Trump’s support among white evangelicals at this stage of his presidency is strikingly solid. While there are modest differences by gender, Trump’s favorability among white evangelical women is still a robust 71 percent, compared to 81 percent among white evangelical men. And Trump’s favorability is still a strong 68 percent among college-educated white evangelicals, compared to 78 percent among those without a college degree.
Looking ahead to the 2020 election, Trump’s support among white evangelicals is also strong. White evangelical Protestants who identify with or lean toward the Republican Party say they would prefer Donald Trump, rather than another candidate, to be the GOP nominee for president in 2020 (69 percent vs. 23 percent).
While evangelical leaders continue to fight a culture war against progressive ideals of inclusion and equality, they don’t seem to have any problem with Republicans who exhibit questionable moral turpitude. From Donald J. Trump to Roy Moore, evangelicals appear to be willing to excuse just about anything so long as Republicans hold on to power.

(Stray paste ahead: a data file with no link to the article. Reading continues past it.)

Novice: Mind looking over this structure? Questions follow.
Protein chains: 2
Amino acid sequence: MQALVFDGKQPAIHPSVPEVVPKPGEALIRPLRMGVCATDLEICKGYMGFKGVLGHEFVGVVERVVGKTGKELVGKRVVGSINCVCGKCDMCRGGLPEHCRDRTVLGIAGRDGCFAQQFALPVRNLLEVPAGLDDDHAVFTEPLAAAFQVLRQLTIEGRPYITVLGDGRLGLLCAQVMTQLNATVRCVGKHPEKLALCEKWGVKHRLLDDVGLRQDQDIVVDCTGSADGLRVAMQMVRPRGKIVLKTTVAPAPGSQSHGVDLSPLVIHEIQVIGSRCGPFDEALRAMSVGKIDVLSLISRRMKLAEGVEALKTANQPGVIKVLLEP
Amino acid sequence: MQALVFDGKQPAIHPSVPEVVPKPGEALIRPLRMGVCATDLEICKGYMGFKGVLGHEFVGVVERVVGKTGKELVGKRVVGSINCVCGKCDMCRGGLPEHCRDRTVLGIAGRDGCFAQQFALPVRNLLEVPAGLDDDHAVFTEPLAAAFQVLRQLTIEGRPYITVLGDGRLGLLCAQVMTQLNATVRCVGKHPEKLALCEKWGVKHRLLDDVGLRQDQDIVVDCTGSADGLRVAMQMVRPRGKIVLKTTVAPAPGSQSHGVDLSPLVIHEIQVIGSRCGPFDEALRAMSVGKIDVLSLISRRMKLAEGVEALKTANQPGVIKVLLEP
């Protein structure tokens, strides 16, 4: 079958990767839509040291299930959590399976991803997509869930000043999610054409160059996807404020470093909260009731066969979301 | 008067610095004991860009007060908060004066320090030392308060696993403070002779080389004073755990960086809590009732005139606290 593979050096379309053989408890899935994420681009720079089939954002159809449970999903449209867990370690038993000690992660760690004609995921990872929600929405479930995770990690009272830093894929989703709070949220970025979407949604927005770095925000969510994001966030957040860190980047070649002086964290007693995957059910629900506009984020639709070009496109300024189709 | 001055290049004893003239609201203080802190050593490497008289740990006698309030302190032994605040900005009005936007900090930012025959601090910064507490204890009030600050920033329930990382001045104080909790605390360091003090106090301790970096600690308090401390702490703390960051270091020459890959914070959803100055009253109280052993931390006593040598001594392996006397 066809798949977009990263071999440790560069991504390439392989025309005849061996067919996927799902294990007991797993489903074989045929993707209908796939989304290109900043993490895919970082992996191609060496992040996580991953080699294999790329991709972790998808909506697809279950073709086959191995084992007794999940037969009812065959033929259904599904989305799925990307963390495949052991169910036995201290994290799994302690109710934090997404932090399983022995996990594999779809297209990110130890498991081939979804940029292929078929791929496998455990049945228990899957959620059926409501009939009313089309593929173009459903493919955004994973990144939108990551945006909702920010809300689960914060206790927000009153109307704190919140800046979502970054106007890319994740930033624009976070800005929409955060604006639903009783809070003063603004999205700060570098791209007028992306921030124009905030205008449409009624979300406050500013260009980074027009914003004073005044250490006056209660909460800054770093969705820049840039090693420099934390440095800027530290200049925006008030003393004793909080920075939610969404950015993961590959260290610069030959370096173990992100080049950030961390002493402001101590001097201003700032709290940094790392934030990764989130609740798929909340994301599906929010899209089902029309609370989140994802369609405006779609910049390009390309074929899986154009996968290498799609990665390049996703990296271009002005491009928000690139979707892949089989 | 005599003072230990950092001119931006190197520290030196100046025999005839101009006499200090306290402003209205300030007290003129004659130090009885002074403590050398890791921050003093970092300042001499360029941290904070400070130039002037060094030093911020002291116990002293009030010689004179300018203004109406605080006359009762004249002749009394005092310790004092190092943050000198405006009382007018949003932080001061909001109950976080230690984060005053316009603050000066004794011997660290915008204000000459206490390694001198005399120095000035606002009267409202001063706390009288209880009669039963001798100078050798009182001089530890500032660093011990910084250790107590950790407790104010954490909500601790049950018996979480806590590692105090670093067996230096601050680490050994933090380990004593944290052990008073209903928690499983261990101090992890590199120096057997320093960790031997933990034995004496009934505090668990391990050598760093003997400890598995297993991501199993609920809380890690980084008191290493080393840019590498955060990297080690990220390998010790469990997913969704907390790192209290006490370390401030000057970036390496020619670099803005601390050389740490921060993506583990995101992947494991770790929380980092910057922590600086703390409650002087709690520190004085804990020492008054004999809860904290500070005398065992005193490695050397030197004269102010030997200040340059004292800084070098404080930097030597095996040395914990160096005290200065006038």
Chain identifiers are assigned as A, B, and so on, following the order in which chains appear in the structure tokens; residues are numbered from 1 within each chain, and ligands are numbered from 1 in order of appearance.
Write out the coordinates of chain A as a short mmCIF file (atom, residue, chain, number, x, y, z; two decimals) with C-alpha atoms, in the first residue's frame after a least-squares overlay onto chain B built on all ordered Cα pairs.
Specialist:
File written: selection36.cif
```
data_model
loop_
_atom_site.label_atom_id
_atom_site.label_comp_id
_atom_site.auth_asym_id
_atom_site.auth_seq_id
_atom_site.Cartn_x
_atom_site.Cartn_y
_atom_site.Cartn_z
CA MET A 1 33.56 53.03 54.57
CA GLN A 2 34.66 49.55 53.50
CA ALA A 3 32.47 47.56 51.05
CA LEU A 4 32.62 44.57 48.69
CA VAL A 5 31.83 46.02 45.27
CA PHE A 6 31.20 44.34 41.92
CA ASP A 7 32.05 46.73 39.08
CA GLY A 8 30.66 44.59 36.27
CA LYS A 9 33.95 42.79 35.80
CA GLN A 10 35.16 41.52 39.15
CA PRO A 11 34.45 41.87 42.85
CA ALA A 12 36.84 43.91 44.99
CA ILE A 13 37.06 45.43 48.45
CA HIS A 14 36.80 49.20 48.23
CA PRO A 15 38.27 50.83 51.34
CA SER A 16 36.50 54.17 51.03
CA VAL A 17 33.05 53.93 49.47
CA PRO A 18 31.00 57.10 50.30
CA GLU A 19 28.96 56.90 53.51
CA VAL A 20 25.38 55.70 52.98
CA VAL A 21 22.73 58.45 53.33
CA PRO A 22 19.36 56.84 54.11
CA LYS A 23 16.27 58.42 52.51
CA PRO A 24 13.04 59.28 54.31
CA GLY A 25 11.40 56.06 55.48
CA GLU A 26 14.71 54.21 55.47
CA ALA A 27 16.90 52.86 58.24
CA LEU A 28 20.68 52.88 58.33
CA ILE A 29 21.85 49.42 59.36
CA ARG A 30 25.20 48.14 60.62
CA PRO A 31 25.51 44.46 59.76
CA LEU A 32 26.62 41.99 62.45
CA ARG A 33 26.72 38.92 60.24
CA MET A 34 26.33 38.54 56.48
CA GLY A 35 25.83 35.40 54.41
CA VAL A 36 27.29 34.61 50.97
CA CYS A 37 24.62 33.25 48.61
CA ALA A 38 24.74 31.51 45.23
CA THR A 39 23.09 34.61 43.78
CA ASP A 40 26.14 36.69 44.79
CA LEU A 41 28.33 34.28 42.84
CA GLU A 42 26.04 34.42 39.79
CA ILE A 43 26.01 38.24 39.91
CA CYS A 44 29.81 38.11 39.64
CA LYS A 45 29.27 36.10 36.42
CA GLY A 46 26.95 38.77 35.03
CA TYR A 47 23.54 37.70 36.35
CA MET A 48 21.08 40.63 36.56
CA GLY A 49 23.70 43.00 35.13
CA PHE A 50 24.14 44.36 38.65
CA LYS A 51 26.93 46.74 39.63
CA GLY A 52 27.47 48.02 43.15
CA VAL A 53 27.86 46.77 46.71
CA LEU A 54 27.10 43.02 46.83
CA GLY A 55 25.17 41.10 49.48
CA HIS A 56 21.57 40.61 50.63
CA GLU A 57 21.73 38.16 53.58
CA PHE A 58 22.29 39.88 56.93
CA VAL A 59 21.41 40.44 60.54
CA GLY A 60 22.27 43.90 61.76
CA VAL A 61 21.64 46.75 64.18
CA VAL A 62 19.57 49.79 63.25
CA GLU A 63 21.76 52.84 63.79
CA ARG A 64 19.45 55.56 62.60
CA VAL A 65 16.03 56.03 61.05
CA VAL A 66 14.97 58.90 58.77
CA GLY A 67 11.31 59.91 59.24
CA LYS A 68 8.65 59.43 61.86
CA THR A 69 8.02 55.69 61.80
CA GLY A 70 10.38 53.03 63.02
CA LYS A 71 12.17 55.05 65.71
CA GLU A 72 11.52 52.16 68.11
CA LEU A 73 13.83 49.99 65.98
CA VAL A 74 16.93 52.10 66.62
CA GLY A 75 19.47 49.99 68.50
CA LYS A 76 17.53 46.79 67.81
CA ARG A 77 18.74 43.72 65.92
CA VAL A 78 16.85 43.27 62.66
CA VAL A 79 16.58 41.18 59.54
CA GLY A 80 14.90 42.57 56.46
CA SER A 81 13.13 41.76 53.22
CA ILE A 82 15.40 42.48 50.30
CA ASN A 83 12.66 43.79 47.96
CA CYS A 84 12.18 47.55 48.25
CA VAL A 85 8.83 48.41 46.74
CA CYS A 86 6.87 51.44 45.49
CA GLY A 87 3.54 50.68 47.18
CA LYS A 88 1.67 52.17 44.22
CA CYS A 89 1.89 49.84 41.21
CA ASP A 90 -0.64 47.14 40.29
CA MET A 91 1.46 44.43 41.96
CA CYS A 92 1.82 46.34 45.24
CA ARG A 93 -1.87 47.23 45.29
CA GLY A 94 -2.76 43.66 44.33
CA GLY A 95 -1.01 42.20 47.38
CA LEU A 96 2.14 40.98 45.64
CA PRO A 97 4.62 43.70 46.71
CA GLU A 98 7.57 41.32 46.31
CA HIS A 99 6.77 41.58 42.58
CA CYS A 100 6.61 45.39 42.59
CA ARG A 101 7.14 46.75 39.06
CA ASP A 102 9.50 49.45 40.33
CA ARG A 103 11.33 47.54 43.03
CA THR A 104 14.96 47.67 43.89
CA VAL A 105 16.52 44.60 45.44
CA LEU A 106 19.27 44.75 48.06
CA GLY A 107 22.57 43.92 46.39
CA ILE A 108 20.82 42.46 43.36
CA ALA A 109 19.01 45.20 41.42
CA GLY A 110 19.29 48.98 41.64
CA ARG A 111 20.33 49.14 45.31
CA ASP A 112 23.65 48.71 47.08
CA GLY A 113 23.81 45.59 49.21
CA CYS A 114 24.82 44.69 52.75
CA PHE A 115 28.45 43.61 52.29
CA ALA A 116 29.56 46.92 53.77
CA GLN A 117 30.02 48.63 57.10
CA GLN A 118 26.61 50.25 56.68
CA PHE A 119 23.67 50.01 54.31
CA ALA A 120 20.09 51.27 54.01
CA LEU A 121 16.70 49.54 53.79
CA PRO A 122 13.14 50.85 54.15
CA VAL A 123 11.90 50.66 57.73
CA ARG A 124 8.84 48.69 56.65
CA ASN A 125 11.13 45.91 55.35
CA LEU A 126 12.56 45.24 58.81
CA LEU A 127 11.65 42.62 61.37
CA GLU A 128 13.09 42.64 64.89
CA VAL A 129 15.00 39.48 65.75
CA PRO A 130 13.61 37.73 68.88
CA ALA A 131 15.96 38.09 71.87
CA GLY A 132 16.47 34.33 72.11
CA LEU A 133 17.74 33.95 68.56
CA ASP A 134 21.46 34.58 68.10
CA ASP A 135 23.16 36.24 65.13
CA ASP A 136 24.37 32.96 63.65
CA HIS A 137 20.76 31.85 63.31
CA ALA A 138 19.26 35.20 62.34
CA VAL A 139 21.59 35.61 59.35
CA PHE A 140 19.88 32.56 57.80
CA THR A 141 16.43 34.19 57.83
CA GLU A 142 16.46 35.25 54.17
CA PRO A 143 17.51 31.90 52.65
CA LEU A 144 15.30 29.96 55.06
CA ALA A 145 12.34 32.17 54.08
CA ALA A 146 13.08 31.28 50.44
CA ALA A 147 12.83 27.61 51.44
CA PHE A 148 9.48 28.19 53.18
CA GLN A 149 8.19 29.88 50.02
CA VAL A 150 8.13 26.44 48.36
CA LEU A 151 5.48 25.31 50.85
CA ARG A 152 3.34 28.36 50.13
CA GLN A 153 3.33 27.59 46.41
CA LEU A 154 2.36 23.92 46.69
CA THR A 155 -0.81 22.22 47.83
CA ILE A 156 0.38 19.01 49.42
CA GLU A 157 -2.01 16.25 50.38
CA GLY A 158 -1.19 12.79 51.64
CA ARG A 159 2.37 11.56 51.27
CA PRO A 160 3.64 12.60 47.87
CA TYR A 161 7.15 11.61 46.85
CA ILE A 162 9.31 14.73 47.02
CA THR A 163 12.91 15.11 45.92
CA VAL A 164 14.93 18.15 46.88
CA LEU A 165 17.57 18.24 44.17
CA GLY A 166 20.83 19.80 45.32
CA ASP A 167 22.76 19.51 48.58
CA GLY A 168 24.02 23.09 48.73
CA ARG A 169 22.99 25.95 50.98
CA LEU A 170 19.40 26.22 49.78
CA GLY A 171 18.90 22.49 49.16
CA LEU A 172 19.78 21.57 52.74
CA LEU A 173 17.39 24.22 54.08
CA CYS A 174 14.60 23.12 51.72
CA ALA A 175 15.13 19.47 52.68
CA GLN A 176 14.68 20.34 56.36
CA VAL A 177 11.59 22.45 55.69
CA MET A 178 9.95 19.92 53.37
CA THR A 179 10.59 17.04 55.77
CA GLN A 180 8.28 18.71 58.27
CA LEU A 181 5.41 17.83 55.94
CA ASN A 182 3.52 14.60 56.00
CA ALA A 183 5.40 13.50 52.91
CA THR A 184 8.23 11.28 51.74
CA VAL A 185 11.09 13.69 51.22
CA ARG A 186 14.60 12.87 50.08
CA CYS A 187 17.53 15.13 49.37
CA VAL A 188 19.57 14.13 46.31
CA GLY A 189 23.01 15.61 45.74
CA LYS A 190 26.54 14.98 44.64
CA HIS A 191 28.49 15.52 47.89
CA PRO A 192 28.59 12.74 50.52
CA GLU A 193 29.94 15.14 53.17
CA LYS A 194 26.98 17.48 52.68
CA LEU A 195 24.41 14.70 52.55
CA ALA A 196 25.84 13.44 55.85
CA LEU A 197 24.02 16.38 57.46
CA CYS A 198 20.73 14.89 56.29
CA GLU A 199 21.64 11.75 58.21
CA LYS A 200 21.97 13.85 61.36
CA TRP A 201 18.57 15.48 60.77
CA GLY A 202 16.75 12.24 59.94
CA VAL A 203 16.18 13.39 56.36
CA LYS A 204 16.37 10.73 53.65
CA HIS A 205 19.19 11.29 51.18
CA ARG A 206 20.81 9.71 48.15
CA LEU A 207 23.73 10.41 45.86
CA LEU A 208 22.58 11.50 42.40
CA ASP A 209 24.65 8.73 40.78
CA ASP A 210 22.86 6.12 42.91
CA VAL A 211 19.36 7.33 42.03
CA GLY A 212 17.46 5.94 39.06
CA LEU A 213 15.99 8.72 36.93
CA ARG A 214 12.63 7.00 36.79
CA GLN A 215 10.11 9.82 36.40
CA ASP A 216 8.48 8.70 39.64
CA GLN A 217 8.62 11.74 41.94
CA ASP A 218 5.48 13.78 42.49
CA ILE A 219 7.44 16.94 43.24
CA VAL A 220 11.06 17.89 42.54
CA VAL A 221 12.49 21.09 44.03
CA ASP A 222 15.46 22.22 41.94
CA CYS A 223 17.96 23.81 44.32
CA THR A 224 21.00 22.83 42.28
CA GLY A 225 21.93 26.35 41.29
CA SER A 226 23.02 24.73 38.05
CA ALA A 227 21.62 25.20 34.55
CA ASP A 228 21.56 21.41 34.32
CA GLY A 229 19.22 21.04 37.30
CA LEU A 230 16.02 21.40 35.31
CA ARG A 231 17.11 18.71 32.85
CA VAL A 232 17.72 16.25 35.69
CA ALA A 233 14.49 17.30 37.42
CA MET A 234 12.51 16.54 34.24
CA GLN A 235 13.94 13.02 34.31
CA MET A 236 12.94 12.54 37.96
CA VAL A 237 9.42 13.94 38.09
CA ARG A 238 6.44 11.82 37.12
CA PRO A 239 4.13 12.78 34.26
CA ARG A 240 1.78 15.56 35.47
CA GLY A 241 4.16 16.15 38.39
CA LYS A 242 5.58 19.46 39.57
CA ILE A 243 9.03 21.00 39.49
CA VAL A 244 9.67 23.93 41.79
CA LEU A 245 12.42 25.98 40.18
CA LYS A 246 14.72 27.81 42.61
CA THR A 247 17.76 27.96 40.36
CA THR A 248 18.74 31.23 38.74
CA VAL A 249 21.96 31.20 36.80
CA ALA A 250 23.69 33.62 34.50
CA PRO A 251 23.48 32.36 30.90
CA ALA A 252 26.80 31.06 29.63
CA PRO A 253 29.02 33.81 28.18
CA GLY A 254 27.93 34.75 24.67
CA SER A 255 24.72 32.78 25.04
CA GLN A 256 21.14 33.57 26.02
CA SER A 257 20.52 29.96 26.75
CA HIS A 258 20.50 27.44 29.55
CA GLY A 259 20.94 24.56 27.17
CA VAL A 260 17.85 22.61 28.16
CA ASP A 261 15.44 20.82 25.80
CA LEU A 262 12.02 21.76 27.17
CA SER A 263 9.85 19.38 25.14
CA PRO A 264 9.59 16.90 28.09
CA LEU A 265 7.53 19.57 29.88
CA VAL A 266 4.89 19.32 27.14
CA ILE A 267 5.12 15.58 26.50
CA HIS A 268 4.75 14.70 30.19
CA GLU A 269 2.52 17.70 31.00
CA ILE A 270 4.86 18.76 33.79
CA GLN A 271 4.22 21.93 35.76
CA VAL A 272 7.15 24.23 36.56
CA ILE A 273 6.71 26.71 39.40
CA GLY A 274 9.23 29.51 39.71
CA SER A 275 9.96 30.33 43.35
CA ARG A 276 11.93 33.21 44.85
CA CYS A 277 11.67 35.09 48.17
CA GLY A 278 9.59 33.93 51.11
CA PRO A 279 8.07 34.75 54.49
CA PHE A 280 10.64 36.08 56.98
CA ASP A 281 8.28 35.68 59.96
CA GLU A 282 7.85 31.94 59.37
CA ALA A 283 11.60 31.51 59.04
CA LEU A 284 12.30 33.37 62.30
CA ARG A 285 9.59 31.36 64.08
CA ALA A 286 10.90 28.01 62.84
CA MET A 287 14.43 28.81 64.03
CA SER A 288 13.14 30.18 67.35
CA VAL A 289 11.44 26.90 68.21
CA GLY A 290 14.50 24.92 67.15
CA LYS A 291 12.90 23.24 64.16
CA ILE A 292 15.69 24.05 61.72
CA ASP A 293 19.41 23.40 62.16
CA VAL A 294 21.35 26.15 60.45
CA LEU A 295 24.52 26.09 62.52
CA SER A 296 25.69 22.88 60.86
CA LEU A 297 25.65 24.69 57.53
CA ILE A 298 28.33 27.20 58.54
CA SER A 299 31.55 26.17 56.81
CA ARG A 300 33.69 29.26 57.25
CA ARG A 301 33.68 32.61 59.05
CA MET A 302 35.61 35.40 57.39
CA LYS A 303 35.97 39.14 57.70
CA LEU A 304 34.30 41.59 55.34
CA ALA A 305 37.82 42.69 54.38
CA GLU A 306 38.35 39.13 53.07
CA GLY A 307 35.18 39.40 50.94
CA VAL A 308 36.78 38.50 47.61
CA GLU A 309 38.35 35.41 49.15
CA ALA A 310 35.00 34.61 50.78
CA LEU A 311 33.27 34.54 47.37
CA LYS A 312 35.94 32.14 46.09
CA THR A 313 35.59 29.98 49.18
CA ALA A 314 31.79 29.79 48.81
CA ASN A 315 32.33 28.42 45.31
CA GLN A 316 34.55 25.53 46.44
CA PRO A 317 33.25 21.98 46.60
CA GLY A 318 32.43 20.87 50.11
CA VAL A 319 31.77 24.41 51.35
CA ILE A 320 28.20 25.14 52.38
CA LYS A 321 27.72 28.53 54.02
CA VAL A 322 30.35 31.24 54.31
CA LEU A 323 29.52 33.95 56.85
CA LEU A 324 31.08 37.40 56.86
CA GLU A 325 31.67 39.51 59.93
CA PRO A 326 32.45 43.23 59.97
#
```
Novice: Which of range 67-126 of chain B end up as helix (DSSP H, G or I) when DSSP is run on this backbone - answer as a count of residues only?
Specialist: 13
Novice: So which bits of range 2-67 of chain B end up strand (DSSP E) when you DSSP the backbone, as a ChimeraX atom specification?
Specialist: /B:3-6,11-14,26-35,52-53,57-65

The point isn’t just that white evangelicals are willing to give Trump a pass, it’s that the entire Republican Party ideology, as well as Christian theology, seems to be entirely malleable as long as they maintain power. There does seem to be one commonality within the right-wing: Do whatever it takes to win, sort it out later.
Of course the Left has their fair share of ridiculous outrage, but it tends to be heartfelt, if not misplaced. They aren’t outraged for effect, they’re outraged out of a sense self-righteous anger and condescension. The difference is that Democrats claim to be fouled after being hit in the face, while the Republicans are more than happy to claim a foul that doesn’t exist.
What this means is that Republicans would rather win than be right, and Democrats would rather be right than win. We’re all full of shit when it comes right down to it.